Case study – Sue Forrester

Sue Forrester’s first experience of a farmers’ market in November 2000 was a brief one.

She took 40 blocks of butter and 20 packs of home-made scones to Carlisle Farmers’ Market and sold out within 20 minutes.

Now, farmers’ markets at Orton (Cumbria), Ashton under Lyne (Manchester) and Carlisle are on her regular schedule and life is busier than ever.

Sue had begun making butter from over-quota milk several years earlier and her inventive streak is always finding new opportunities.

Mini scones are “cocktail scones” and slip down faster than a gin sling.

If cakes do not sell whole, they are sliced up and sold for customers to eat as they go round the market – they might come back for a whole cake later.

“You have to know your markets, but always seize any opportunity,” says Sue, who runs her stalls with husband Tom.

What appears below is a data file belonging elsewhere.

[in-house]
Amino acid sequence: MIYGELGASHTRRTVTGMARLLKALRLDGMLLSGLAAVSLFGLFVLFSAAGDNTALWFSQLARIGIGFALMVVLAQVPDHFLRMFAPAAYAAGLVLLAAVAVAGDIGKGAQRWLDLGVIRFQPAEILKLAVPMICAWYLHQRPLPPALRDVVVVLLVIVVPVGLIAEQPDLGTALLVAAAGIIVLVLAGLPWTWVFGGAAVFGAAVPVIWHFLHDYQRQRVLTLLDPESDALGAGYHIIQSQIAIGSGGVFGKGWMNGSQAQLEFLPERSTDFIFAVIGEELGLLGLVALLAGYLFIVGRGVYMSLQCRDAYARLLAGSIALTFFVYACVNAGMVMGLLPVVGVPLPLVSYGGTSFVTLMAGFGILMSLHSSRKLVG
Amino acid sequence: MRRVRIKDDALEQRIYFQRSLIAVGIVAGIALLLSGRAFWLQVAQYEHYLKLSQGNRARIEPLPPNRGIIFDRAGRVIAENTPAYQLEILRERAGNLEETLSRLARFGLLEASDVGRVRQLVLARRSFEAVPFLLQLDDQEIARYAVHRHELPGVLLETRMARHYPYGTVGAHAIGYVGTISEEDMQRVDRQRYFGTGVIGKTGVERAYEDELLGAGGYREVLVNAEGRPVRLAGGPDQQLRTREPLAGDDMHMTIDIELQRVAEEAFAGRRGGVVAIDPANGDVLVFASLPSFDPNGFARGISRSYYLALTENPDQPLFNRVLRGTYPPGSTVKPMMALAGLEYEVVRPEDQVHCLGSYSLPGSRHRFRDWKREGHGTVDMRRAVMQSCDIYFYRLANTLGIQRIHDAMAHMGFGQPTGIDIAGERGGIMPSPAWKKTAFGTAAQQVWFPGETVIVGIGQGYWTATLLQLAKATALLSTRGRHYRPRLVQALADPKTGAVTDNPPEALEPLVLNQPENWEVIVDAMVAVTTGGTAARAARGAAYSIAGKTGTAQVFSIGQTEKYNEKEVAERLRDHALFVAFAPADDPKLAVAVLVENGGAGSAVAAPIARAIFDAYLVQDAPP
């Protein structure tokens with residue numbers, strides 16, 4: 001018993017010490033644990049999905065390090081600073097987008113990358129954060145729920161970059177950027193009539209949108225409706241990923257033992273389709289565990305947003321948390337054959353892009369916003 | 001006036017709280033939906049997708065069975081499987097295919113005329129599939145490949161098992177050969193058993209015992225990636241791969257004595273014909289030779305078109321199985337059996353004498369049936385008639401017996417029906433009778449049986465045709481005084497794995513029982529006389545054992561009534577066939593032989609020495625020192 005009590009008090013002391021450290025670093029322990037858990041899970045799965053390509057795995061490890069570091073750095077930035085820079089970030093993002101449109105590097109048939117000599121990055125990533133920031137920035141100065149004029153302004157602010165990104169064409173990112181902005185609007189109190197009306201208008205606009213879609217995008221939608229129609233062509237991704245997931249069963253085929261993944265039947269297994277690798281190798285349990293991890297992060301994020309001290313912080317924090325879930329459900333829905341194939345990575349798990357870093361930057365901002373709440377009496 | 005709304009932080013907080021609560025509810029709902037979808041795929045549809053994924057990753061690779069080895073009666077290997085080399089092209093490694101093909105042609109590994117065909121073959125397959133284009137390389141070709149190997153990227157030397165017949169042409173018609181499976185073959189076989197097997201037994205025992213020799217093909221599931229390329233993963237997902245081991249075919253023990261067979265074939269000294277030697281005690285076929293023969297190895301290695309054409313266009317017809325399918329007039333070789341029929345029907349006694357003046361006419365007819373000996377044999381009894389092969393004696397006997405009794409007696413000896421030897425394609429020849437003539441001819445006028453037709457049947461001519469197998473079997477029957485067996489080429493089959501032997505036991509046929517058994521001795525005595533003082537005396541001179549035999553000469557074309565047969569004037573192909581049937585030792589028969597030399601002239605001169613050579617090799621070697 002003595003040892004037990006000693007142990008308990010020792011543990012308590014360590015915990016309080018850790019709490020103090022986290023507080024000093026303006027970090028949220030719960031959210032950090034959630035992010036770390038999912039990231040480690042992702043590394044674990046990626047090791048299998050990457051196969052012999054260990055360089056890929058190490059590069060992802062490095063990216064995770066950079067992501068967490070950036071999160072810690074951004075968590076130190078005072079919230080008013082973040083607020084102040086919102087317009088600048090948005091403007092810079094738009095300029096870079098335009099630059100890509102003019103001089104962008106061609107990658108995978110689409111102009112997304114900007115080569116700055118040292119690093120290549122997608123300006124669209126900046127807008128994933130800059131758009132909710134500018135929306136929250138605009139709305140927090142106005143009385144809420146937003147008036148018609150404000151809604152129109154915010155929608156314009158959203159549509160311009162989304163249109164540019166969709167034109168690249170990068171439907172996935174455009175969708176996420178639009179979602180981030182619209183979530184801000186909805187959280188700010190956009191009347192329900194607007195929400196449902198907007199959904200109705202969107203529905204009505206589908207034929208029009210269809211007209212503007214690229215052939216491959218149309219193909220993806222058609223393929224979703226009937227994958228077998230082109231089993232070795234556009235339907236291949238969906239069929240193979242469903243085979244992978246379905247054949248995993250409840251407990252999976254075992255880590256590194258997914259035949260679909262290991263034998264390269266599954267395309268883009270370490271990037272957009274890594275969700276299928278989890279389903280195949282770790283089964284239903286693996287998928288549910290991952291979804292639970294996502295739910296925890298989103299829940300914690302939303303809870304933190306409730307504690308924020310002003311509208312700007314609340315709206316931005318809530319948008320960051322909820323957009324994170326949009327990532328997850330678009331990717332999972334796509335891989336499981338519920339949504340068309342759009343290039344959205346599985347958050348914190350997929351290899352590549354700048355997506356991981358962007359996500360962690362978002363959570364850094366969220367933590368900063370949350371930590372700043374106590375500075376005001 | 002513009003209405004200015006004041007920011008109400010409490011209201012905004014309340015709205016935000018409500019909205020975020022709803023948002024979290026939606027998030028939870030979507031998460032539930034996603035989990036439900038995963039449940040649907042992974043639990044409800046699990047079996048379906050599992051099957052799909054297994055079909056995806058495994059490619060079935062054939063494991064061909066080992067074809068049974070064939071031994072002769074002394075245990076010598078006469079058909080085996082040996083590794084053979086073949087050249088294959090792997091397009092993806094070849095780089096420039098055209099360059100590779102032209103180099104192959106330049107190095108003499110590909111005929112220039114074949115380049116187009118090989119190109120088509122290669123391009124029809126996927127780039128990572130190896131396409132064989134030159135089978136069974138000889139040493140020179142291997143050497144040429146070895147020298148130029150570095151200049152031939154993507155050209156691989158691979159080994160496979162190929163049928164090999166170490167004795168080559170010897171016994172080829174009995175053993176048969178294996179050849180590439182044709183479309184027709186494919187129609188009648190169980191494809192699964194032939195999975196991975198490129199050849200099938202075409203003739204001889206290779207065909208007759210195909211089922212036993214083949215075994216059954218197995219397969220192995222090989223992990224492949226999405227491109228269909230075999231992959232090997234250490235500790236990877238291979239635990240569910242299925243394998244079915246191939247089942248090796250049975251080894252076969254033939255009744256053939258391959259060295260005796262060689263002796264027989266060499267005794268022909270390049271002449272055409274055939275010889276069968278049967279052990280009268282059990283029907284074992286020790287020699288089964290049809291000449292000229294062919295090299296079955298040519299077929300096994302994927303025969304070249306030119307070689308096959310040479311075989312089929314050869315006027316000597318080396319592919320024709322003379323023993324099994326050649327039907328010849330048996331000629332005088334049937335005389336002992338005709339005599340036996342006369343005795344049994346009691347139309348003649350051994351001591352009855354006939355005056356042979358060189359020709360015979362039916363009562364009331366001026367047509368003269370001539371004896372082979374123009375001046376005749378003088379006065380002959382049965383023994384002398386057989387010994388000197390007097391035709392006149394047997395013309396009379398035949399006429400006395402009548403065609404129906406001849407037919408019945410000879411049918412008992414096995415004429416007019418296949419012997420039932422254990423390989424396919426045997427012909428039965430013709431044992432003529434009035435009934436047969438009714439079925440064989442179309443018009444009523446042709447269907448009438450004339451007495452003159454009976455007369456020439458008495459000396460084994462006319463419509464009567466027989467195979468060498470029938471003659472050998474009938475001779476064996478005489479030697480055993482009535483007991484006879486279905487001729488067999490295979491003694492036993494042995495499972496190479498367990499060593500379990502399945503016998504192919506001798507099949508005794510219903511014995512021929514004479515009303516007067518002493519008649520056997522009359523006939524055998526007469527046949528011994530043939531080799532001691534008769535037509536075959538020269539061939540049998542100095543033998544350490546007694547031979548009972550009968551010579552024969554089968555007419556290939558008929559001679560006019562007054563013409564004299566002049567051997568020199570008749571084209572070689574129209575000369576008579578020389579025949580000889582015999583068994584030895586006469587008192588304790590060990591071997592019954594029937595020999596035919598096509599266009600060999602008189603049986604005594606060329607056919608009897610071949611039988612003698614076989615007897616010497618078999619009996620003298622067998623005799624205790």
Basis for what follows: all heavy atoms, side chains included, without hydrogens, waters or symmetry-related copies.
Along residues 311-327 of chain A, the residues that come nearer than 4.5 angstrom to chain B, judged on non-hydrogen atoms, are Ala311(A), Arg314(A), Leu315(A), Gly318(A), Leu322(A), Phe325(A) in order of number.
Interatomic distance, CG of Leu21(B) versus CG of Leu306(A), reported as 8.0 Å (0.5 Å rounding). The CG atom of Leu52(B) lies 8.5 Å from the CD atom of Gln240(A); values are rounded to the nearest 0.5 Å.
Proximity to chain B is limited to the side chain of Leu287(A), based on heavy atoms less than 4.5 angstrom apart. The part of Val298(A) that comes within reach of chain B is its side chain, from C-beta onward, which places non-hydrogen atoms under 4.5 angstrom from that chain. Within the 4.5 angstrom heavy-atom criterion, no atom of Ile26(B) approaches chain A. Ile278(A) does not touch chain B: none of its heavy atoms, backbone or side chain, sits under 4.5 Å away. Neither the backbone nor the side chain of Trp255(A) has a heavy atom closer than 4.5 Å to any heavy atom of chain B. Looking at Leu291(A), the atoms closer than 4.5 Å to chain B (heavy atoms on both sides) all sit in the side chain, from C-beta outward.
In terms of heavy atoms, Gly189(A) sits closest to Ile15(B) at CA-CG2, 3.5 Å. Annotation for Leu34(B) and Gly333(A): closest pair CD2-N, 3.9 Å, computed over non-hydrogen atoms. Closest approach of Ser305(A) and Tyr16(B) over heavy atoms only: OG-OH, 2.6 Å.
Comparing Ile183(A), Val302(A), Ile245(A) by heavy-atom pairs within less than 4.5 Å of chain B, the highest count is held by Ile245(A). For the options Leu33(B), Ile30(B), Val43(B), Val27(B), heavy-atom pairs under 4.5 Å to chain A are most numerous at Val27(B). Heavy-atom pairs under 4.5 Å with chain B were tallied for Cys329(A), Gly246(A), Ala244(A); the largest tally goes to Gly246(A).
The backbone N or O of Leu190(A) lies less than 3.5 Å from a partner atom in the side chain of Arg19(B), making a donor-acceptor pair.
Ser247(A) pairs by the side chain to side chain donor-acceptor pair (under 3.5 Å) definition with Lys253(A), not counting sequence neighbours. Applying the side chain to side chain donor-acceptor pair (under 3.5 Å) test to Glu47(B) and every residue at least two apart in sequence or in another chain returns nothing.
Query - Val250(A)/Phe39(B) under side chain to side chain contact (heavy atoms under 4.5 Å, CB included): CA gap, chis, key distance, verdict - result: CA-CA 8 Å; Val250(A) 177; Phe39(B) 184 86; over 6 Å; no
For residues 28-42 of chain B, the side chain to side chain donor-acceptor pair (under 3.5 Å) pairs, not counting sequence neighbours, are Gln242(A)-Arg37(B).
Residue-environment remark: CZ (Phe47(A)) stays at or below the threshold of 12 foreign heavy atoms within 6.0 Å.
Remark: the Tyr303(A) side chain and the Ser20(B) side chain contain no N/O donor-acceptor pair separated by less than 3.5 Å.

She says their outlook on life has changed as the markets have opened up a new routine for them.

Their dairy herd at Howberry Farm, just north of Carlisle, was sold as a whole to a Cumbrian buyer in 2001.

Since then, Sue buys in cream locally in 10gal churns.

Her aim is to have no left overs, just new opportunities.

For example, unsold butter never goes back on the stall as butter, but is frozen and cooked to make rum butter at a later date.

When Sue started making butter, just 10% of it was unsalted.

That proportion has grown to between 55 and 60% as customers repeatedly request unsalted.

Cream, flavoured butters, buttermilk and home baking are her other mainstay products.

“You have to learn what sells where,” says Sue.

For example, some regional recipes sell well only in their local area, others sell anywhere.

Her other tips for newcomers include:

  • Be flexible – adapt your product, listen to what people are asking for.

  • Think about different markets and what they might want – can your product easily be adapted for vegetarian, low sugar or low fat requirements?

  • Know your area and its traditional products, be able to talk about them with customers.

  • Keep good records – a diary of what you sold on what dates, in what conditions, what weather, busy or quiet market helps predict stock levels for following years.

  • Stand behind your product and be proud of it!

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